Altered Central μ-Opioid Receptor Binding After Psychological Trauma

Israel Liberzon, Stephan F. Taylor, K. Luan Phan, Jennifer C. Britton, Lorraine M. Fig, Joshua A. Bueller, Robert A. Koeppe, Jon Kar Zubieta

Research output: Contribution to journalArticlepeer-review

93 Scopus citations


Background: Functional neuroimaging studies have detected abnormal limbic and paralimbic activation to emotional probes in posttraumatic stress disorder (PTSD), but few studies have examined neurochemical mechanisms that underlie functional alterations in regional cerebral blood flow. The μ-opioid neurotransmitter system, implicated in responses to stress and suppression of pain, is distributed in and is thought to regulate the function of brain regions that are implicated in affective processing. Methods: Here we examined the μ-opioid system with positron emission tomography and the μ-opioid receptor-selective radiotracer [11C] carfentanil in 16 male patients with PTSD and two non-PTSD male control groups, with (n = 14) and without combat exposure (n = 15). Differences in μ-opioid receptor binding potential (BP2) were detected within discrete limbic and paralimbic regions. Results: Relative to healthy controls, both trauma-exposed groups had lower μ-opioid receptor BP2 in extended amygdala, nucleus accumbens, and dorsal frontal and insular cortex but had higher BP2 in the orbitofrontal cortex. PTSD patients exhibited reduced BP2 in anterior cingulate cortex compared with both control groups. μ-Opioid receptor BP2 in combat-exposed subjects without PTSD was lower in the amygdala but higher in the orbitofrontal cortex compared with both PTSD patients and healthy controls. Conclusions: These findings differentiate the general response of the μ-opioid system to trauma from more specific changes associated with PTSD.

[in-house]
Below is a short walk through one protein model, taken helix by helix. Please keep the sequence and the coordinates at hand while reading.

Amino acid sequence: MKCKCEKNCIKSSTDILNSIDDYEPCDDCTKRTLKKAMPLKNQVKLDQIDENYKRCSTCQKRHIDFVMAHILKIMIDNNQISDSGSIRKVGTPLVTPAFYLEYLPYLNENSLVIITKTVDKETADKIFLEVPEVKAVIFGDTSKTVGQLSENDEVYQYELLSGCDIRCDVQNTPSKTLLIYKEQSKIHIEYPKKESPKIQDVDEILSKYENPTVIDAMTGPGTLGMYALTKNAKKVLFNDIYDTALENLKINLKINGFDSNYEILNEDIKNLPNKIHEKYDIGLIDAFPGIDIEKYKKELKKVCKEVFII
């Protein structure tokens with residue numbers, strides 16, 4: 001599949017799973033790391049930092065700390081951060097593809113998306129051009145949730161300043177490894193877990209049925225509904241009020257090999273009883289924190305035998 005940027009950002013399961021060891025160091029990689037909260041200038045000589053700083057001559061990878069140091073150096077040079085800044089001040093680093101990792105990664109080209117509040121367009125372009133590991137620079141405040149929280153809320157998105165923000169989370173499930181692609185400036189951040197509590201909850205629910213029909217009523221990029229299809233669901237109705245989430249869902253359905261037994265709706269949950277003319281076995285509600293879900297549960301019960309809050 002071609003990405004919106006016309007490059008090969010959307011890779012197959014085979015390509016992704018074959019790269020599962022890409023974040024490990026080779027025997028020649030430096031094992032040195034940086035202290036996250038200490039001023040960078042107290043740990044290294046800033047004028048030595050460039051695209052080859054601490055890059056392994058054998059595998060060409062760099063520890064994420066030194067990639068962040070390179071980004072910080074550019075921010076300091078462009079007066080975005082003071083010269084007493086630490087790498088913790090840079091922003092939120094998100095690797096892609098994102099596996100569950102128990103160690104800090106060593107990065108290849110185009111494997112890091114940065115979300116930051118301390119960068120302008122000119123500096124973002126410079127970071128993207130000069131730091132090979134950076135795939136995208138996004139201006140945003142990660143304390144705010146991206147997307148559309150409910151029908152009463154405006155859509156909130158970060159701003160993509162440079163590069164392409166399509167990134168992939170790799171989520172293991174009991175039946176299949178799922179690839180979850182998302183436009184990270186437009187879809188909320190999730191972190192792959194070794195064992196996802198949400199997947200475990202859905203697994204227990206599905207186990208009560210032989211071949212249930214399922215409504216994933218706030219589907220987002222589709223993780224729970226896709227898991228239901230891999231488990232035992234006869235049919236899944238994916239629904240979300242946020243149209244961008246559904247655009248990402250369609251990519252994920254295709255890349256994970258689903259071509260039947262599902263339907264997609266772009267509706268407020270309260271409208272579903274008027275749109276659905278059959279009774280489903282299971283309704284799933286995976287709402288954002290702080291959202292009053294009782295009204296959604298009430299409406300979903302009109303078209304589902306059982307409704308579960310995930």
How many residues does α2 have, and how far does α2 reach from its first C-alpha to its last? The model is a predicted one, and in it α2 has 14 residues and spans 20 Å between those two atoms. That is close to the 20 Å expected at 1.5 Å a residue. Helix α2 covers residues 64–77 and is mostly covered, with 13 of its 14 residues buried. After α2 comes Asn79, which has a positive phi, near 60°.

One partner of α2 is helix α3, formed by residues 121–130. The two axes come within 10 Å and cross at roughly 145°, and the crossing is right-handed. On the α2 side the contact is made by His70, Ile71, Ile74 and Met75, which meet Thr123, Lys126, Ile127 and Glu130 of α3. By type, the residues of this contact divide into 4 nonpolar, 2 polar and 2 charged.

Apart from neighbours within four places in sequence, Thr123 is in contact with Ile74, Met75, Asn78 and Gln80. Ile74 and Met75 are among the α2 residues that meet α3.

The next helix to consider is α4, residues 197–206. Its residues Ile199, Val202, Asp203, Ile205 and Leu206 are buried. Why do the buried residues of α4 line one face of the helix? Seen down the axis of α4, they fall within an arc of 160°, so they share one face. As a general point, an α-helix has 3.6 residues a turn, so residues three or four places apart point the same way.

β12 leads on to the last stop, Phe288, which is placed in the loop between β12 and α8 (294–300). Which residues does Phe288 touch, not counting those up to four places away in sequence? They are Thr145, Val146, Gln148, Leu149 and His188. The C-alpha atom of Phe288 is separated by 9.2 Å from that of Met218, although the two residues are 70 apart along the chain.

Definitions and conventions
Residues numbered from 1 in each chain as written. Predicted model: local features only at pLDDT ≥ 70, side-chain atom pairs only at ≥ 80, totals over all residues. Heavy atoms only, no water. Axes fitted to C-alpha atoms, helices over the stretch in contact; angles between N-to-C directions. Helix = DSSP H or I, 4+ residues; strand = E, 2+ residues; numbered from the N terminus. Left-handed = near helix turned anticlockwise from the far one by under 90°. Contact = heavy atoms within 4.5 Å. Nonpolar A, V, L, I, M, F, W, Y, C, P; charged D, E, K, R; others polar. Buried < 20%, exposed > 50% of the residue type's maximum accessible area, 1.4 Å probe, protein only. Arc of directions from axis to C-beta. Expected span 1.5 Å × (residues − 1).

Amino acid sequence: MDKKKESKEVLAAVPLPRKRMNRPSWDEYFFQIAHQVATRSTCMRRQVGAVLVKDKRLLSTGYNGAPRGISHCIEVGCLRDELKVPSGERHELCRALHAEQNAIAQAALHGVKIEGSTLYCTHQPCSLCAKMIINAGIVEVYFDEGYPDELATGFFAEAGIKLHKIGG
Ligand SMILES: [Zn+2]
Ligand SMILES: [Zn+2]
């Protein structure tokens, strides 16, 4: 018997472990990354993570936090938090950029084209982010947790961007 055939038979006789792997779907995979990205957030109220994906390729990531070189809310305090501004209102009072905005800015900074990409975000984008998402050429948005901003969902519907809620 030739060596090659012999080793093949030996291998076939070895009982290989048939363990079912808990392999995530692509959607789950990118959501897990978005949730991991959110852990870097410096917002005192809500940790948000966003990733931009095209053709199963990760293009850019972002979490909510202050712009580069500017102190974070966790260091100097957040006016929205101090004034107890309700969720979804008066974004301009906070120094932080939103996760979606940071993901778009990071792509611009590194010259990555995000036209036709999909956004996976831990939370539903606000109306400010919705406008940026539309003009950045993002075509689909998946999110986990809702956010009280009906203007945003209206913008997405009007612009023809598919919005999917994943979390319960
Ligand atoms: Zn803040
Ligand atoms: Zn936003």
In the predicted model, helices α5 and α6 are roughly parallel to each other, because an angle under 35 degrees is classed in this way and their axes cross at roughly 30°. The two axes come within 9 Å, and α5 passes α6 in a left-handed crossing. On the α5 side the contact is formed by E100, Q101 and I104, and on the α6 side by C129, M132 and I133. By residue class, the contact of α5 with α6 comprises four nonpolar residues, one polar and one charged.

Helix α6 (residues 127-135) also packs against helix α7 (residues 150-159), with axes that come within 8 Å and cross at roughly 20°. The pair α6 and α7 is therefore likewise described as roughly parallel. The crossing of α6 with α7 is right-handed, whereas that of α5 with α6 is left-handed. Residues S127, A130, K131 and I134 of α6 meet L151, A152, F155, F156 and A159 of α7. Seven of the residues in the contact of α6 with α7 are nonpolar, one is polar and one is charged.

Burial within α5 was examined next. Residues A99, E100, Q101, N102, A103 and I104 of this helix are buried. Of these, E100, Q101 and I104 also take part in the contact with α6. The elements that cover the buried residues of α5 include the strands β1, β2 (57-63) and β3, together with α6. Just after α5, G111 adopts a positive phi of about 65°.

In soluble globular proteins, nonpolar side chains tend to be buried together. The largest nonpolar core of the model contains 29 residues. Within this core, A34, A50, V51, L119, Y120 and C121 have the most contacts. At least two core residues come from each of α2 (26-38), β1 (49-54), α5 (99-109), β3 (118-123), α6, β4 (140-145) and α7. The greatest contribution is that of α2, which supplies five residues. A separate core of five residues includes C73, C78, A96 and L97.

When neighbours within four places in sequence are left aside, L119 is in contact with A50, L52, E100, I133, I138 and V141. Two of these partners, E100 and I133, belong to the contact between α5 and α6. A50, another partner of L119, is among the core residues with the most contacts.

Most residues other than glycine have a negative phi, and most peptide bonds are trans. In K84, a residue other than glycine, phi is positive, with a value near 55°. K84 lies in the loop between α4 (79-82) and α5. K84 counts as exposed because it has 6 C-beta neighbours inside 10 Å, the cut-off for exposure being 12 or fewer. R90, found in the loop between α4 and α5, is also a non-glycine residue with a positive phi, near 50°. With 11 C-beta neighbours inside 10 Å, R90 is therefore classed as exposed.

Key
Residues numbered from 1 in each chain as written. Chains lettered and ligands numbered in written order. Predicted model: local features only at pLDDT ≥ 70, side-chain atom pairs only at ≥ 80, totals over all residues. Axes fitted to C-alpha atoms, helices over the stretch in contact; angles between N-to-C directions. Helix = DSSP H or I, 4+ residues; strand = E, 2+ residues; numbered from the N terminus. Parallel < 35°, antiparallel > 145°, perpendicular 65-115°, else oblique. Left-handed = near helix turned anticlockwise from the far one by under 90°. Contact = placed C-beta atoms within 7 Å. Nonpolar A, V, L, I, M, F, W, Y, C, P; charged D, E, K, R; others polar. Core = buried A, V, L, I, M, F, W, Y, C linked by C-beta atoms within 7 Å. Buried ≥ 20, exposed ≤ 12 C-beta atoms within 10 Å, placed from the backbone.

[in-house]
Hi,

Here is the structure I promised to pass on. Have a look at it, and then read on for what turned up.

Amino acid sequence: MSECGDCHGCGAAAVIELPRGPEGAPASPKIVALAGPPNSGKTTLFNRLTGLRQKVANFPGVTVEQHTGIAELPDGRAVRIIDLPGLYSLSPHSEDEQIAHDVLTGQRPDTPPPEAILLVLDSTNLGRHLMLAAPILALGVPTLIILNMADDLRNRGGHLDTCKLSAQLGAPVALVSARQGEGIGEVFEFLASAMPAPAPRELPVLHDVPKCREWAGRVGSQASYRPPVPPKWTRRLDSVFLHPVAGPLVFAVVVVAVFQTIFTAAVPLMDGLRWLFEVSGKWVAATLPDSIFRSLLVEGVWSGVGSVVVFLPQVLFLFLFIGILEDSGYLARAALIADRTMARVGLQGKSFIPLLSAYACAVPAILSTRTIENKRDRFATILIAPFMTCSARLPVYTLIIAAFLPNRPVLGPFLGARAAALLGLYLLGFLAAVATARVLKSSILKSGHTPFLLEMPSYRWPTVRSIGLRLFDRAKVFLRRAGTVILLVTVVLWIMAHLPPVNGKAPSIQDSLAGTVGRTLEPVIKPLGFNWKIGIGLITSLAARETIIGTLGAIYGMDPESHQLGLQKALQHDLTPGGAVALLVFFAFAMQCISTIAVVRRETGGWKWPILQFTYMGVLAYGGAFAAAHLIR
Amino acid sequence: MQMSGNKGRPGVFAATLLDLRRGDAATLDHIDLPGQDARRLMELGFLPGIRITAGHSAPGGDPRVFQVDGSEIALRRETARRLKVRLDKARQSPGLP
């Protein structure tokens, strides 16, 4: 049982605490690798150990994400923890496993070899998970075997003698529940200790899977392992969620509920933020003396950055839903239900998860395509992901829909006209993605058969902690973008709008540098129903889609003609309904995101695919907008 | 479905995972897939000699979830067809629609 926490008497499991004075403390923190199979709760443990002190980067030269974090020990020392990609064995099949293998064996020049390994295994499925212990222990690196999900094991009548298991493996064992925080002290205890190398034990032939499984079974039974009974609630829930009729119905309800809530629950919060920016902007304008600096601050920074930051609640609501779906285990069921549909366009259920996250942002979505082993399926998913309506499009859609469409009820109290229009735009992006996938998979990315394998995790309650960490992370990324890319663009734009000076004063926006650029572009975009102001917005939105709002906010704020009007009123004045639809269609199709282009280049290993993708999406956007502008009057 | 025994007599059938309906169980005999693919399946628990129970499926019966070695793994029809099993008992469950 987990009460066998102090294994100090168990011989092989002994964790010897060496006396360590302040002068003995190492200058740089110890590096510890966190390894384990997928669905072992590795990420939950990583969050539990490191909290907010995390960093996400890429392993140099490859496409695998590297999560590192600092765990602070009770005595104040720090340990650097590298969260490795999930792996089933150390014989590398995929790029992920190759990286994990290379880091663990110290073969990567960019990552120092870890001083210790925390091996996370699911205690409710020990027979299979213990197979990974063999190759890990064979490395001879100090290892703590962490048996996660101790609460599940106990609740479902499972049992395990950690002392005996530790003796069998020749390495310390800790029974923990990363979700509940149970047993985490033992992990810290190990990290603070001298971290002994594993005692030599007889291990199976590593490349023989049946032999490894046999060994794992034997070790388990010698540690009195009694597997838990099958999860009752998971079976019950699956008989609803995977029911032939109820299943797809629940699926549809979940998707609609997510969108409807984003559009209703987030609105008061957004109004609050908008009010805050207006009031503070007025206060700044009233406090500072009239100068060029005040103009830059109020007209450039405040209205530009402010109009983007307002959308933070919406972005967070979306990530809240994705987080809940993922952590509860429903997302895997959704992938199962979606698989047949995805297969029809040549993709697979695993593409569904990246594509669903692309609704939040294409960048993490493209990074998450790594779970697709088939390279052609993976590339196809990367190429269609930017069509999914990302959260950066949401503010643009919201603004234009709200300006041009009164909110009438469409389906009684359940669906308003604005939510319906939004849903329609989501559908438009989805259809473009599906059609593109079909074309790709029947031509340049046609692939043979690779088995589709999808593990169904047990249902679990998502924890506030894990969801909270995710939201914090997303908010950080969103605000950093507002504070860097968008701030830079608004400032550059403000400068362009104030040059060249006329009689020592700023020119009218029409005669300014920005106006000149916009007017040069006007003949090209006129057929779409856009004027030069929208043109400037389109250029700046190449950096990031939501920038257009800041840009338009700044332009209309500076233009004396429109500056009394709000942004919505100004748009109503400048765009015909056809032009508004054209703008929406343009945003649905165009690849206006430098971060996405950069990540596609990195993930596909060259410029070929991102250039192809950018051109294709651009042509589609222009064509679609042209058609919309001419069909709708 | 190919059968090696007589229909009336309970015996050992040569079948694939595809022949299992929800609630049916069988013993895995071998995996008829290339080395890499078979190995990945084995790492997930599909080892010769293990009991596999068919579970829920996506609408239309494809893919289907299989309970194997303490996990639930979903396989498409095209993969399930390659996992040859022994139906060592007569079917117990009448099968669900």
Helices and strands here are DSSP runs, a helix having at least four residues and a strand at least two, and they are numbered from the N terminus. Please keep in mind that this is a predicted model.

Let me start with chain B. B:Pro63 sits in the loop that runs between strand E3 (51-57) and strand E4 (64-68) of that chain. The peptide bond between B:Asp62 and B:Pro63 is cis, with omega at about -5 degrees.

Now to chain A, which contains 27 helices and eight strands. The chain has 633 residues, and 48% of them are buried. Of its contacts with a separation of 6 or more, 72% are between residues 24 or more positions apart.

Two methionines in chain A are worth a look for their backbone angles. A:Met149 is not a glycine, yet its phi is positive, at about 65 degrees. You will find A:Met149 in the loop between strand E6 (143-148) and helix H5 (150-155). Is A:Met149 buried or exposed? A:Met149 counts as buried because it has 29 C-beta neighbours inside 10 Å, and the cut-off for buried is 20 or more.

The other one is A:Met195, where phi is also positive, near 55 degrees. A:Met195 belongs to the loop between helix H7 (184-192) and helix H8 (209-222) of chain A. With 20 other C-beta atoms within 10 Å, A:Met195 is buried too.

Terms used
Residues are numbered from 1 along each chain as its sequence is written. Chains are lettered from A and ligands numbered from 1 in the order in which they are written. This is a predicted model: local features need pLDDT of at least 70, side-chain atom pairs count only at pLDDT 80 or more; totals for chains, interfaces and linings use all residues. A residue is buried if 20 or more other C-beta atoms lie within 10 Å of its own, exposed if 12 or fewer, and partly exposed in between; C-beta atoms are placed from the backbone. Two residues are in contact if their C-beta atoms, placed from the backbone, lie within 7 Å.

Original languageEnglish (US)
Pages (from-to)1030-1038
Number of pages9
JournalBiological Psychiatry
Issue number9
StatePublished - May 1 2007


  • Amygdala
  • PET
  • PTSD
  • cortex
  • neuroimaging
  • veteran

ASJC Scopus subject areas

  • Biological Psychiatry


Dive into the research topics of 'Altered Central μ-Opioid Receptor Binding After Psychological Trauma'. Together they form a unique fingerprint.

Cite this